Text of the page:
That was really a great opportunity for me to break out of banking. Where I had been for, really, 24 years since I got out of college. When I came out of that opportunity, I decided to raise my first fund, which was the $7.1 million fund you indicated. In order to really launch that, I went back and looked at all the investments that I had made since 1998, which now has, and these are all individual investments in our company called Mull Capital, which eventually we’ve made 19 investments in there. Which sold eight companies and we still have the 11. That was really the early track record of what we used to raise fund one. Double M partners fund one.

Clearly Double M comes from your initials from your name, I’m guessing, right? I just always want to double check on that.

Sometimes it does take people, they do hit a light bulb sometimes, like, “Oh, I get that.” Yeah, exactly. Then the objective, I had a kind of a catbird seat by being not only in the government, but having made all these investments and being around Southern California. Also having traveled so much of my life up to that point, I had no interest in traveling. I now have two small children and all of those things, so I really wanted to focus on Southern California. As you know, there’s an incredible wealth of talent here for creativity, entertainment, mobile applications for our consumers, etc. I specifically don’t do those things. I feel like there’s an opportunity to really focus much more on technology, software, things that are being utilized in the cloud, security, etc. I’m much more focused on more technology platforms than I am on consumer experiences.

Well, I always love to hear stories. You have so many stories to pull from. Let’s talk about your choice. One or both, either Lettuce that was sold to Intuit or is it Orbitera that was sold to Google? I think those would be really interesting, because those are the kinds of technology software companies you’re talking about, that you’d like to invest in, is that right?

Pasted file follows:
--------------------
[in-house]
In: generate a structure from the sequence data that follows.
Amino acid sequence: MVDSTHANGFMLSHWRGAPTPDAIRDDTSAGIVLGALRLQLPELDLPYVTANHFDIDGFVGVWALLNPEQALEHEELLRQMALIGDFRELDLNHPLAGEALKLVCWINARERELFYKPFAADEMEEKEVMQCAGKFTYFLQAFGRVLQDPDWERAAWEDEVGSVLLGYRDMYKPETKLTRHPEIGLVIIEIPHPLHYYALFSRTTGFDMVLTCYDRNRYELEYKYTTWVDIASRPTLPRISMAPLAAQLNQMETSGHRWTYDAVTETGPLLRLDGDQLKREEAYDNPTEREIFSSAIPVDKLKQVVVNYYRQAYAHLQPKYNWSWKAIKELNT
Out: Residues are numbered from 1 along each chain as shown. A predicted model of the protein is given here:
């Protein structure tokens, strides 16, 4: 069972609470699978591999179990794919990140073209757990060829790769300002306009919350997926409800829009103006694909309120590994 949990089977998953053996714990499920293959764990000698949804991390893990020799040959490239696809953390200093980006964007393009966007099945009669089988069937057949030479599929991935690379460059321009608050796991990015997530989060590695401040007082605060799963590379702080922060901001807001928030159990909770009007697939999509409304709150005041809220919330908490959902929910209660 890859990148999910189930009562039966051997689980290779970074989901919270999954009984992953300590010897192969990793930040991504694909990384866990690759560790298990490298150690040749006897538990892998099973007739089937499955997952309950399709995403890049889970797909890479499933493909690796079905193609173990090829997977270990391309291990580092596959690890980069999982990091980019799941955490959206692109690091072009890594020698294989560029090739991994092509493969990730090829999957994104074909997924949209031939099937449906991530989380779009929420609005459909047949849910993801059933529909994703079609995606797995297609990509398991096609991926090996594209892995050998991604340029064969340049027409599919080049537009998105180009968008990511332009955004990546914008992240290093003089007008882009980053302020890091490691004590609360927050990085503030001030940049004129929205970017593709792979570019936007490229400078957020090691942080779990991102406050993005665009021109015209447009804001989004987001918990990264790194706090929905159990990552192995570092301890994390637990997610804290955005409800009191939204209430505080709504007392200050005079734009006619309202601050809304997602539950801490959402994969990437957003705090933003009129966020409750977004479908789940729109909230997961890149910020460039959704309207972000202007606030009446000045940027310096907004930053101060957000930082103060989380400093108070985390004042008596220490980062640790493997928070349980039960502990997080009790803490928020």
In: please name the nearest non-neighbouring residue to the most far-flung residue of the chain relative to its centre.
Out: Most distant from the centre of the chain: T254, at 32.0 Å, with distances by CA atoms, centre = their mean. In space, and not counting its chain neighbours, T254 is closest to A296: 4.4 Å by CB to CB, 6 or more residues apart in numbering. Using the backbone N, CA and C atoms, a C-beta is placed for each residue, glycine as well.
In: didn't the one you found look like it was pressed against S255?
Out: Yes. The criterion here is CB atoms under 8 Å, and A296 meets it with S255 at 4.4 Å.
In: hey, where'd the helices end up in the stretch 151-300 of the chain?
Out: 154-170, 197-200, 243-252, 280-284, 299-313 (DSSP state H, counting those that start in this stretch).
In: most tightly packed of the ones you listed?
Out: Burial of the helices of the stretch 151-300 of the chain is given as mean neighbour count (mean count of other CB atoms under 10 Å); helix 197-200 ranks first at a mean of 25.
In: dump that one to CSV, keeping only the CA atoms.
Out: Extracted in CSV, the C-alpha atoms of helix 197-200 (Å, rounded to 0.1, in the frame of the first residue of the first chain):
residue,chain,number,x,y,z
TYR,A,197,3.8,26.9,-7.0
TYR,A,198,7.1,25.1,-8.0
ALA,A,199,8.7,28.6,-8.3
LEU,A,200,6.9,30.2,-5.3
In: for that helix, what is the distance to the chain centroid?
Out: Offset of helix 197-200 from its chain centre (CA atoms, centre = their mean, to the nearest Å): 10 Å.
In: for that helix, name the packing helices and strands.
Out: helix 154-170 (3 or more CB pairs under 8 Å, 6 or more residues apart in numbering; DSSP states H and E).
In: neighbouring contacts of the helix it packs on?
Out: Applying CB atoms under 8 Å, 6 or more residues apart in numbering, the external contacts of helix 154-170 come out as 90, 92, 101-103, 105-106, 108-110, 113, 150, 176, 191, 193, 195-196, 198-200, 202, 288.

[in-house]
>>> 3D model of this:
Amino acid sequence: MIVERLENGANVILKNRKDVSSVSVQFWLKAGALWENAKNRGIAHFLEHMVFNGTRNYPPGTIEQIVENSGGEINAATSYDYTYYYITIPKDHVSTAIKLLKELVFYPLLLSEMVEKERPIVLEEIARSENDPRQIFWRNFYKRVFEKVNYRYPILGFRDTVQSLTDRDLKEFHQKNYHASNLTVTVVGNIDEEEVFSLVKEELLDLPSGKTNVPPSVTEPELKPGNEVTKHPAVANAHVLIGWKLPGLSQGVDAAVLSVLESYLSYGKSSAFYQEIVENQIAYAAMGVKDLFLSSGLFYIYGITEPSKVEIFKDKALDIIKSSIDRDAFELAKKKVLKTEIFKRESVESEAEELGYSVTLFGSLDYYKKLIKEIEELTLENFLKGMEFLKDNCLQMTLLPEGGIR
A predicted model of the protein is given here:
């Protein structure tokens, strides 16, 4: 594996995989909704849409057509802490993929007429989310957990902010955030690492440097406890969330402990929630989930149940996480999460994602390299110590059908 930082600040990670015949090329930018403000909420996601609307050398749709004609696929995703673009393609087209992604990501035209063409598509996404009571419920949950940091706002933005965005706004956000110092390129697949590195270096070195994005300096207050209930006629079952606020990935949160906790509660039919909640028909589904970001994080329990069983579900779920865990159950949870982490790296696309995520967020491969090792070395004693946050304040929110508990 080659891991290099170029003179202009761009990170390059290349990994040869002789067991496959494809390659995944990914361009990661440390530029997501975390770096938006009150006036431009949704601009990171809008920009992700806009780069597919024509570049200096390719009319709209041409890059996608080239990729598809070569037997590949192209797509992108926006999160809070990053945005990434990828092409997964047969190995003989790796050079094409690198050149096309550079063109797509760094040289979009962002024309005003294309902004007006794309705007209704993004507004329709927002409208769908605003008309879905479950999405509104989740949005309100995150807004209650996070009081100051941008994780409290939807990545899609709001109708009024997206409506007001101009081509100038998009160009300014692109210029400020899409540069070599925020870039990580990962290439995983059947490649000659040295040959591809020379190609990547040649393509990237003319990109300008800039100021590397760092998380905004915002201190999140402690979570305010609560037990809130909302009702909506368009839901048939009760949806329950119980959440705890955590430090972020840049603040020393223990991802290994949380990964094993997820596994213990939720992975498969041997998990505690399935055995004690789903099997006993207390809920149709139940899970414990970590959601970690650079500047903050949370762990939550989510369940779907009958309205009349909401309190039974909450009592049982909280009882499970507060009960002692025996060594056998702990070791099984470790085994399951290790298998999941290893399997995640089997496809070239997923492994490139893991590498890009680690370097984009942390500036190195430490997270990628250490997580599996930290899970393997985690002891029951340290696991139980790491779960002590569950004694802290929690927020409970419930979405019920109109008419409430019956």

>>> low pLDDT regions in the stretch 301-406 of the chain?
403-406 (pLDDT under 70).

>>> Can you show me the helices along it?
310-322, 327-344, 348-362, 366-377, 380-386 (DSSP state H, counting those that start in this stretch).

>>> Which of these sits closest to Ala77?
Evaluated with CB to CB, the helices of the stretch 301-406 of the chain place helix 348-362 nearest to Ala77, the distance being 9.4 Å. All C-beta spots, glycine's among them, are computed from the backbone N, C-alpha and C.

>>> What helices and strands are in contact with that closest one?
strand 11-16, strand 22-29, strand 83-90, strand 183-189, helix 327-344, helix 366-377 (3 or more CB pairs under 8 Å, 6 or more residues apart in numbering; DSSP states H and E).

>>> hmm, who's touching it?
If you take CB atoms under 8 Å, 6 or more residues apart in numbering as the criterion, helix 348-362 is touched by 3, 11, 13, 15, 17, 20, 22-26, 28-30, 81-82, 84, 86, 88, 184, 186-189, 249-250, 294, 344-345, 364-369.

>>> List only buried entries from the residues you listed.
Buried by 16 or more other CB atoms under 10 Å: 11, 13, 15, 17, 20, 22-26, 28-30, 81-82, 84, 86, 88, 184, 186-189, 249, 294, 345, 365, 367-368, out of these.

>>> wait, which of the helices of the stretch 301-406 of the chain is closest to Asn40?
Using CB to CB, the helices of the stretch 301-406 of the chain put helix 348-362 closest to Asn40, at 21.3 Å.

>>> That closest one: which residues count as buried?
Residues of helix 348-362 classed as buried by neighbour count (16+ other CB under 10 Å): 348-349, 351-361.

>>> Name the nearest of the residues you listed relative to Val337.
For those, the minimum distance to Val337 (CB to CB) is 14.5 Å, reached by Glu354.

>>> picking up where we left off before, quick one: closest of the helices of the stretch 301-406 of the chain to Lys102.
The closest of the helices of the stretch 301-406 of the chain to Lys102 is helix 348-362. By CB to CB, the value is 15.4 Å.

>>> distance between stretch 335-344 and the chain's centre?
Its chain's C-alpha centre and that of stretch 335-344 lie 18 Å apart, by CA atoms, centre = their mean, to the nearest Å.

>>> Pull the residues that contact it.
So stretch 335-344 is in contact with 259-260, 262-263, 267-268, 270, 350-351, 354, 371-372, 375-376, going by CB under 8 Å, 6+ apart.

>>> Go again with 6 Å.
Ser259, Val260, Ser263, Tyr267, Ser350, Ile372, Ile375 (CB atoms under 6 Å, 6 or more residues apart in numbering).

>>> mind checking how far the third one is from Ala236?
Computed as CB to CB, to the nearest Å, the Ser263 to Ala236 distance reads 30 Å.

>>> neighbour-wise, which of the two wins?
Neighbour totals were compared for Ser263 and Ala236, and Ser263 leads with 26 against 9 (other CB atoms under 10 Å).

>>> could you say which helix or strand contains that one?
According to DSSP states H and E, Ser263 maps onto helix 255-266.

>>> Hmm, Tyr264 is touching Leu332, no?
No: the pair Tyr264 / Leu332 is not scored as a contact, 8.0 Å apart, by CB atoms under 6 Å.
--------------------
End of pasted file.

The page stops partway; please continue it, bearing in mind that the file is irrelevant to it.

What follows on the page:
Yes. Lettuce was started by a very exciting, young entrepreneur named Raad Mobrem who is still a very good friend and has become an investor in my funds. Many of my, I now have 16 CEOs or founders that I have invested into in the past, who are now investing in me, so it’s nice. We have this ecosystem.

Oh my god, I’ve never heard that before, that’s come about full circle huh? Making them successful and then they take some of their success and give you money to fund the next startup, right? Oh, how great.

Yeah. I did that deal with CrossCut Venture. It’s a very good VC here in LA that I’m actually an investor in as well. We both saw the same things that made us excited about Raad. He was building an inventory SAS platform to allow retailers, who were traveling all over the country to actually take orders from buyers and it automatically synced into the inventory system, wherever the company was and the accounting system. That sounds pretty pedantic right now, but it’s very, it’s actually not been fixed. There’s so many disparate systems and Excel and faxes and things like that. It’s not a very good system.